Said Thomas: “I went over and saw him a couple times last week and try to go over whenever I’m home and see him. We texted Friday morning, and he said it’s kind of starting to set in. He’s bummed he’s not here playing practice rounds with us, and we hate it, too.”
I feel the same way about Woods, the all-time sportsman, except for the little thing about going 80-something in a 45 zone. I’m also braced for reality. Even if he resumes a normal walking function, which was becoming a problem before the crash, his days of battling for major and even minor championships are over. He’ll serve as a captain of a U.S. Ryder Cup team or two and help his son, Charlie, develop his promising golf skills through his teens. But with a club in his hands, Woods faces a future as a ceremonial player.
Golf will proceed without him. Yet as the first round showed Thursday, it’s unclear who, if anyone, will create interest among the masses. McIlroy hit his father with a wayward shot in what remains a perplexing career. Defending champion Dustin Johnson, on a course playing much more difficult than it did in October, struggled and shot 74. Jordan Spieth, the betting and sentimental fave, already was far behind leader Justin Rose. Bryson DeChambeau, lighter and supposedly smarter about crushing his way to glory, imploded with an early double bogey and bogey.
“I should ask him for an autographed glove,’’ said McIlroy, whose dad must be as mystified as the rest of us.
It only confirmed the obvious: Woods, in recovery, remains golf’s biggest story as the sport fades into meh-dom without him. We forget he has missed the Masters four times in eight years and that his famous final scene, in a life made for a movie, was his comeback victory at Augusta two years ago. Golf needs to move on from Tiger.
But whither Tiger without golf? At this point, his friends are trying to keep him alive and well. “What I want to do for him is just be like, `Dude, I’ll do anything you want,’ ’’ Thomas said. “If you need me to help out with your kids, I can do that. If you’re craving McDonald’s and you want me to bring it over, dude, I don’t care. I’m here for you, and I’ll help out however I can.’’
The unspoken concern at Augusta, of course, is that Woods is dealing with tragic life issues he refuses to address. Are his fellow golfers too intimidated to intervene with tough talk? It should bother his friends — and all of us — that Villanueva’s press conference was followed almost immediately by an online statement from Woods. Was the entire day orchestrated by Tiger and his control-freak agents? “In the last few days, I received word from the Los Angeles County Sheriff’s Department that their investigation regarding my traffic accident back on February 23rd in Los Angeles has been completed and closed,’’ Woods wrote. “I am so grateful to both of the good Samaritans who came to assist me and called 911. I am also thankful to the LASD deputies and L.A. firefighter/paramedics, especially L.A. sheriff’s Deputy Carlos Gonzalez and LAFD Engine Co #106 fire paramedics Smith and Gimenez, for helping me so expertly at the scene and getting me safely to the hospital.’’
Sorry, but my first thought was that he’d cut a deal with the authorities. He publicly thanks them, they let him off. When the heart suggests we should feel compassion and encourage him to walk 72 holes again, amid the dogwoods and azaleas of Georgia, the mind says Tiger Woods was dangerously close to committing manslaughter. Even Herbert Warren Wind would know as much.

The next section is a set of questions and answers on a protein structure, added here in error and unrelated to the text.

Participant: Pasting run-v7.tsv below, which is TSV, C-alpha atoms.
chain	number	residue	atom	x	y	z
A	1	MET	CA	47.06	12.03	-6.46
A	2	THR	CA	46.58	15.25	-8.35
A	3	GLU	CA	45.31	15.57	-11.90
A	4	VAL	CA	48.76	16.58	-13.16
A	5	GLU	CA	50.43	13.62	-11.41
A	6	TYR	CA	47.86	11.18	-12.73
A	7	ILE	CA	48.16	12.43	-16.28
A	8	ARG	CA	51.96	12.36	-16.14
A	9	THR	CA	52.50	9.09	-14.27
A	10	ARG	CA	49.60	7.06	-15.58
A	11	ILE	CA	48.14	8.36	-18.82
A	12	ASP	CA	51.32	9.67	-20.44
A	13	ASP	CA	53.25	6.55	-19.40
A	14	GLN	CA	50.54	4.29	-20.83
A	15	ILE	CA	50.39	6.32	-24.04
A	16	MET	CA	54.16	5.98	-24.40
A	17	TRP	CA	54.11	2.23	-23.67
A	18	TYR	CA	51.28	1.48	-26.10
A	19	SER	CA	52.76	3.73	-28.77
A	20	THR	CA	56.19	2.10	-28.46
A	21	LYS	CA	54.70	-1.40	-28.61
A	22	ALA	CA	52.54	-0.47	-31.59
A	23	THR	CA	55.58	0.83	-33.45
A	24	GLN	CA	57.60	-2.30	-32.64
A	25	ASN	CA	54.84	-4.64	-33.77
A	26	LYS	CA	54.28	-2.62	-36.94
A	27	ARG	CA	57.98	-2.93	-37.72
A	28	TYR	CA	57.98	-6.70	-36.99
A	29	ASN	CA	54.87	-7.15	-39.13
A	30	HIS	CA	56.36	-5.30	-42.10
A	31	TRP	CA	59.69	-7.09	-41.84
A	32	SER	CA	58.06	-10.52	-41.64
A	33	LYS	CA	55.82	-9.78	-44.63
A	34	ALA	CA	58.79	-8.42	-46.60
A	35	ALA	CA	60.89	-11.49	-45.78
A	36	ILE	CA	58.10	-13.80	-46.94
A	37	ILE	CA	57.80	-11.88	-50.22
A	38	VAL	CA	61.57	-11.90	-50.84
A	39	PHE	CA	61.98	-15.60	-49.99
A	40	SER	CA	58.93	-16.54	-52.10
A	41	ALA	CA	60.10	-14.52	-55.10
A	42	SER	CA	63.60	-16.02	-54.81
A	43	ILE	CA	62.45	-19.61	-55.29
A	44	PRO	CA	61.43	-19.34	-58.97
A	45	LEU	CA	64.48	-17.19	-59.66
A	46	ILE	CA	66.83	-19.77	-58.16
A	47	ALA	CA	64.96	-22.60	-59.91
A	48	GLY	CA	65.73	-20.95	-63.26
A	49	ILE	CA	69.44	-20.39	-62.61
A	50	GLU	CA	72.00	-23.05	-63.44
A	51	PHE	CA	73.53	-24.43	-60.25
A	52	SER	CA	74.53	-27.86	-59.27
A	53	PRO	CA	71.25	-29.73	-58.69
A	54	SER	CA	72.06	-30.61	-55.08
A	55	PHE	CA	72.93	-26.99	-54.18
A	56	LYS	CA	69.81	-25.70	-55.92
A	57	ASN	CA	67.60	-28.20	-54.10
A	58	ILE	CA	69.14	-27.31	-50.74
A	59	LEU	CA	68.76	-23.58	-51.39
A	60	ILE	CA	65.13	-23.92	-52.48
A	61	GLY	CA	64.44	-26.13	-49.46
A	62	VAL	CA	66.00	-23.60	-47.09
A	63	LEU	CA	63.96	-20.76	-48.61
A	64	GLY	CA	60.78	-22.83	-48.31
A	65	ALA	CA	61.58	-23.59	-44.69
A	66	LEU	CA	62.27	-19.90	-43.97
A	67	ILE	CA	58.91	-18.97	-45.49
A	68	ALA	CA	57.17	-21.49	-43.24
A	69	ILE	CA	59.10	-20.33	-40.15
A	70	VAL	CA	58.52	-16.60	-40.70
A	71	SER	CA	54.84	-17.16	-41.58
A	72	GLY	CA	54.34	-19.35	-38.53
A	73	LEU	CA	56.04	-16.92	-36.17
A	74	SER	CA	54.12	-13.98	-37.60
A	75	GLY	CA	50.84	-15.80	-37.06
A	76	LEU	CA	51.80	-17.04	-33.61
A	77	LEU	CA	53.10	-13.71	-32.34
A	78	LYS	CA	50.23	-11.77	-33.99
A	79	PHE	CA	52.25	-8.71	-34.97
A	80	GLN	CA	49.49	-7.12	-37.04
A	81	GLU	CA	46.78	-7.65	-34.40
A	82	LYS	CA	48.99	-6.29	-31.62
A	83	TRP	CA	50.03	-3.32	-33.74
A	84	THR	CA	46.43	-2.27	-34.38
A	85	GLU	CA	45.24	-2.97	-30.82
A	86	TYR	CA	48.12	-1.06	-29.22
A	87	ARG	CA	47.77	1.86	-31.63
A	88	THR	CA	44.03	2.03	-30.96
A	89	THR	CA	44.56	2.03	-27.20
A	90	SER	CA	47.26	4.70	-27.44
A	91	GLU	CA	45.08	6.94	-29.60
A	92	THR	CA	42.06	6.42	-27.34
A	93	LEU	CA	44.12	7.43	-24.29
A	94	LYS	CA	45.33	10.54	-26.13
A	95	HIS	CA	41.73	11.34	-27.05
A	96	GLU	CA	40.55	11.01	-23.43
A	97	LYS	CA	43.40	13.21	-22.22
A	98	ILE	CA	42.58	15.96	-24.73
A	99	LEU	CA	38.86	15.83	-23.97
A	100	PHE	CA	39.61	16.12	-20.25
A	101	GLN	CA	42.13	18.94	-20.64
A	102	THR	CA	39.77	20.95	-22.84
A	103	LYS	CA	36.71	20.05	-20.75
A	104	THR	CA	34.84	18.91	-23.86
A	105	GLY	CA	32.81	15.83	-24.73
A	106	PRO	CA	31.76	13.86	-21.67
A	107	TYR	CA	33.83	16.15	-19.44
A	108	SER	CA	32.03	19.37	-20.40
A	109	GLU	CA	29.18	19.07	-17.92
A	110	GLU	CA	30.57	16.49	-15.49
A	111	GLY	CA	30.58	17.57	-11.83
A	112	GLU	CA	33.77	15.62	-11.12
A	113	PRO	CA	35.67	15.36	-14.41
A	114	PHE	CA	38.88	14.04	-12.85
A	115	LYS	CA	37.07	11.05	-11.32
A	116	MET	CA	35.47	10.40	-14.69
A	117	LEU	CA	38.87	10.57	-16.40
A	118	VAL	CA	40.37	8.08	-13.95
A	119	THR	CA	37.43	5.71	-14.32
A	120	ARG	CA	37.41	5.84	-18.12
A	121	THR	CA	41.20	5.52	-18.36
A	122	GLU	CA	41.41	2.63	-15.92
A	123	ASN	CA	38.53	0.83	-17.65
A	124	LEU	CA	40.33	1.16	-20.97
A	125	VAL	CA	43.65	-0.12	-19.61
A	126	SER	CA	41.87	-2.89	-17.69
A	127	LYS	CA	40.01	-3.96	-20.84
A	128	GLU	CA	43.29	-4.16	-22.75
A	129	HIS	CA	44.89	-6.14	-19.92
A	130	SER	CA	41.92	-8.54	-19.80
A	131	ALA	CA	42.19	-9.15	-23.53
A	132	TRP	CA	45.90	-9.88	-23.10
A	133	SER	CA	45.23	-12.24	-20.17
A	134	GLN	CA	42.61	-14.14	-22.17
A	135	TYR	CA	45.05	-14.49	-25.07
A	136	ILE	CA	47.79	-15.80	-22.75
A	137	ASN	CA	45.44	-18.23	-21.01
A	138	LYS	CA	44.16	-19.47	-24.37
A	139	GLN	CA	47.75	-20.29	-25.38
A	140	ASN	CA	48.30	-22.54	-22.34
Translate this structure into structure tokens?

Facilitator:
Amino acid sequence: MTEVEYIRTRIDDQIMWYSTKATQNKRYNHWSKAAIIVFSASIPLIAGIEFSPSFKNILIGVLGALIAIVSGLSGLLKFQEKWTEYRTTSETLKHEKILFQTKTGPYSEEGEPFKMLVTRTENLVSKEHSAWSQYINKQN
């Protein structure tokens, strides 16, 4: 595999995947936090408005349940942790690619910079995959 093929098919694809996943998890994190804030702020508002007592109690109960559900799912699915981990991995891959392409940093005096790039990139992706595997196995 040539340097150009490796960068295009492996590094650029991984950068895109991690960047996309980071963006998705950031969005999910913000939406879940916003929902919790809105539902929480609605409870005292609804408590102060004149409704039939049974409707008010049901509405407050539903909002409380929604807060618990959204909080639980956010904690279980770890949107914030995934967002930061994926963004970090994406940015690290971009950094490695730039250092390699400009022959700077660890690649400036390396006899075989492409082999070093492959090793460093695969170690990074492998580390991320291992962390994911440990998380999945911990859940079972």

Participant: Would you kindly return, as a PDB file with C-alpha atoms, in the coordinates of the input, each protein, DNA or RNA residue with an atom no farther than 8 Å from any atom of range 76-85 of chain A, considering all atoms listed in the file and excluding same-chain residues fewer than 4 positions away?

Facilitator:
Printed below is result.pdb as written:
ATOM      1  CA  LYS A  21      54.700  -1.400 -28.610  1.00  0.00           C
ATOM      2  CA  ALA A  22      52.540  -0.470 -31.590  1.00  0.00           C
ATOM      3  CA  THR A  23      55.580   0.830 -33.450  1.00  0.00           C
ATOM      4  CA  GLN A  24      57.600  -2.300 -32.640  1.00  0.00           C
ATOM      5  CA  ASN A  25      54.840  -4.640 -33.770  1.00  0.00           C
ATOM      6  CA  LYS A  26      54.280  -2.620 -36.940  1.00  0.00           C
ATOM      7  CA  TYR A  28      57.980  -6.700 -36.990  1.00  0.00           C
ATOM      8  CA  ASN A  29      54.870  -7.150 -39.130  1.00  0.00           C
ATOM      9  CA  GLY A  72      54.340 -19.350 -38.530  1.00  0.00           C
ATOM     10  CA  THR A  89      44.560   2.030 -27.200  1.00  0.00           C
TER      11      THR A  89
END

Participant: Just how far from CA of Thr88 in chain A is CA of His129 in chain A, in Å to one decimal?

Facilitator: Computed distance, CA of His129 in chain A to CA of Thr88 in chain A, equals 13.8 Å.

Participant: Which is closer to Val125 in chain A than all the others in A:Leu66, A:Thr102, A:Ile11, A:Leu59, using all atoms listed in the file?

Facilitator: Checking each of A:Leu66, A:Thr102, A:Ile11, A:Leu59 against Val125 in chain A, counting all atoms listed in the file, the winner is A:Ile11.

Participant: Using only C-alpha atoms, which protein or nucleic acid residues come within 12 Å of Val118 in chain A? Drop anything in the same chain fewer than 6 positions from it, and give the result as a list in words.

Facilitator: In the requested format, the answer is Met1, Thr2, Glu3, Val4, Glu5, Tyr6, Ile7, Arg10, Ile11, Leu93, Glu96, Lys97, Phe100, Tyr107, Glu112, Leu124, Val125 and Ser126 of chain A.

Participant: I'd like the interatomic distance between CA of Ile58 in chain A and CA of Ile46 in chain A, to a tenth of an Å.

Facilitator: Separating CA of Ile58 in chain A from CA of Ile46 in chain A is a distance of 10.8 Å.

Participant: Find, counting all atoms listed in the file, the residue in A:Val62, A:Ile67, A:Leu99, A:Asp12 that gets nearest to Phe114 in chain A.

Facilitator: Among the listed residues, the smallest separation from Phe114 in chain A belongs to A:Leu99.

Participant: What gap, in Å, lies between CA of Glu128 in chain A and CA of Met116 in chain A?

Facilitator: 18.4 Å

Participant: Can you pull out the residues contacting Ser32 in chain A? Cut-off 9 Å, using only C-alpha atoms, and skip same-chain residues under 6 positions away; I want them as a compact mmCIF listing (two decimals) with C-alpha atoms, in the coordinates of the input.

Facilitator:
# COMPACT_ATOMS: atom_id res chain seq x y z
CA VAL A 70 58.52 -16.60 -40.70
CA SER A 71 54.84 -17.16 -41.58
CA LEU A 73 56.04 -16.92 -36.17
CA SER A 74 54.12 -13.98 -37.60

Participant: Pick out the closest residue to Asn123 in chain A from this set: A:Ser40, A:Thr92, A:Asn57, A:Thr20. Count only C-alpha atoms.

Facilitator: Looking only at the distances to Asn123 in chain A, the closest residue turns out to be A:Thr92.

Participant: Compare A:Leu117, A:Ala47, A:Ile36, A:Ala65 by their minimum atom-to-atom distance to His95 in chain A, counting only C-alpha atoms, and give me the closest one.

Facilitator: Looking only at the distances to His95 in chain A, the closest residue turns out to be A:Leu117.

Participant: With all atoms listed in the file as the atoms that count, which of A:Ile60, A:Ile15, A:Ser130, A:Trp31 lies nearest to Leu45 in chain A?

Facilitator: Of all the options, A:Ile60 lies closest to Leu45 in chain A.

Being Wrong On-Air Isn’t A Bad Thing
…if you feel yourself getting uncomfortable over the fact that you were wrong, stop to realize that’s your pride talking. Your ego. And if people call you out for being wrong, it’s actually a good sign.
In the press conference after the Warriors won their fourth NBA title in eight years, Steph Curry referenced a very specific gesture from a very specific episode of Get Up that aired in August 2021.
“Clearly remember some experts and talking heads putting up the big zero,” Curry said, then holding up a hollowed fist to one eye, looking through it as if it were a telescope.
“How many championships we would have going forward because of everything we went through.”
Yep, Kendrick Perkins and Domonique Foxworth each predicted the Warriors wouldn’t win a single title over the course of the four-year extension Curry had just signed. The Warriors won the NBA title and guess what? Curry gets to gloat.
The funny part to me was the people who felt Perkins or Foxworth should be mad or embarrassed. Why? Because they were wrong?
That’s part of the game. If you’re a host or analyst who is never wrong in a prediction, it’s more likely that you’re excruciatingly boring than exceedingly smart. Being wrong is not necessarily fun, but it’s not a bad thing in this business.
You shouldn’t try to be wrong, but you shouldn’t be afraid of it, either. And if you are wrong, own it. Hold your L as I’ve heard the kids say. Don’t try to minimize it or explain it or try to point out how many other people are wrong, too. Do what Kendrick Perkins did on Get Up the day after the Warriors won the title.
“When they go on to win it, guess what?” He said, sitting next to Mike Greenberg. “You have to eat that.”
Do not do what Perkins did later that morning on First Take.
Perkins: “I come on here and it’s cool, right? Y’all can pull up Perk receipts and things to that nature. And then you give other people a pass like J-Will.”
Jason Williams: “I don’t get passes on this show.”
Perkins: “You had to, you had a receipt, too, because me and you both picked the Memphis Grizzlies to beat the Golden State Warriors, but I’m OK with that. I’m OK with that. Go ahead Stephen A. I know you’re about to have fun and do your thing. Go ahead.”
Stephen A. Smith: “First of all, I’m going to get serious for a second with the both of you, especially you, Perk, and I want to tell you something right now. Let me throw myself on Front Street, we can sit up there and make fun of me. You know how many damn Finals predictions I got wrong? I don’t give a damn. I mean, I got a whole bunch of them wrong. Ain’t no reason to come on the air and defend yourself. Perk, listen man. You were wrong. And we making fun, and Steph Curry making fun of you. You laugh at that my brother. He got you today. That’s all. He got you today.”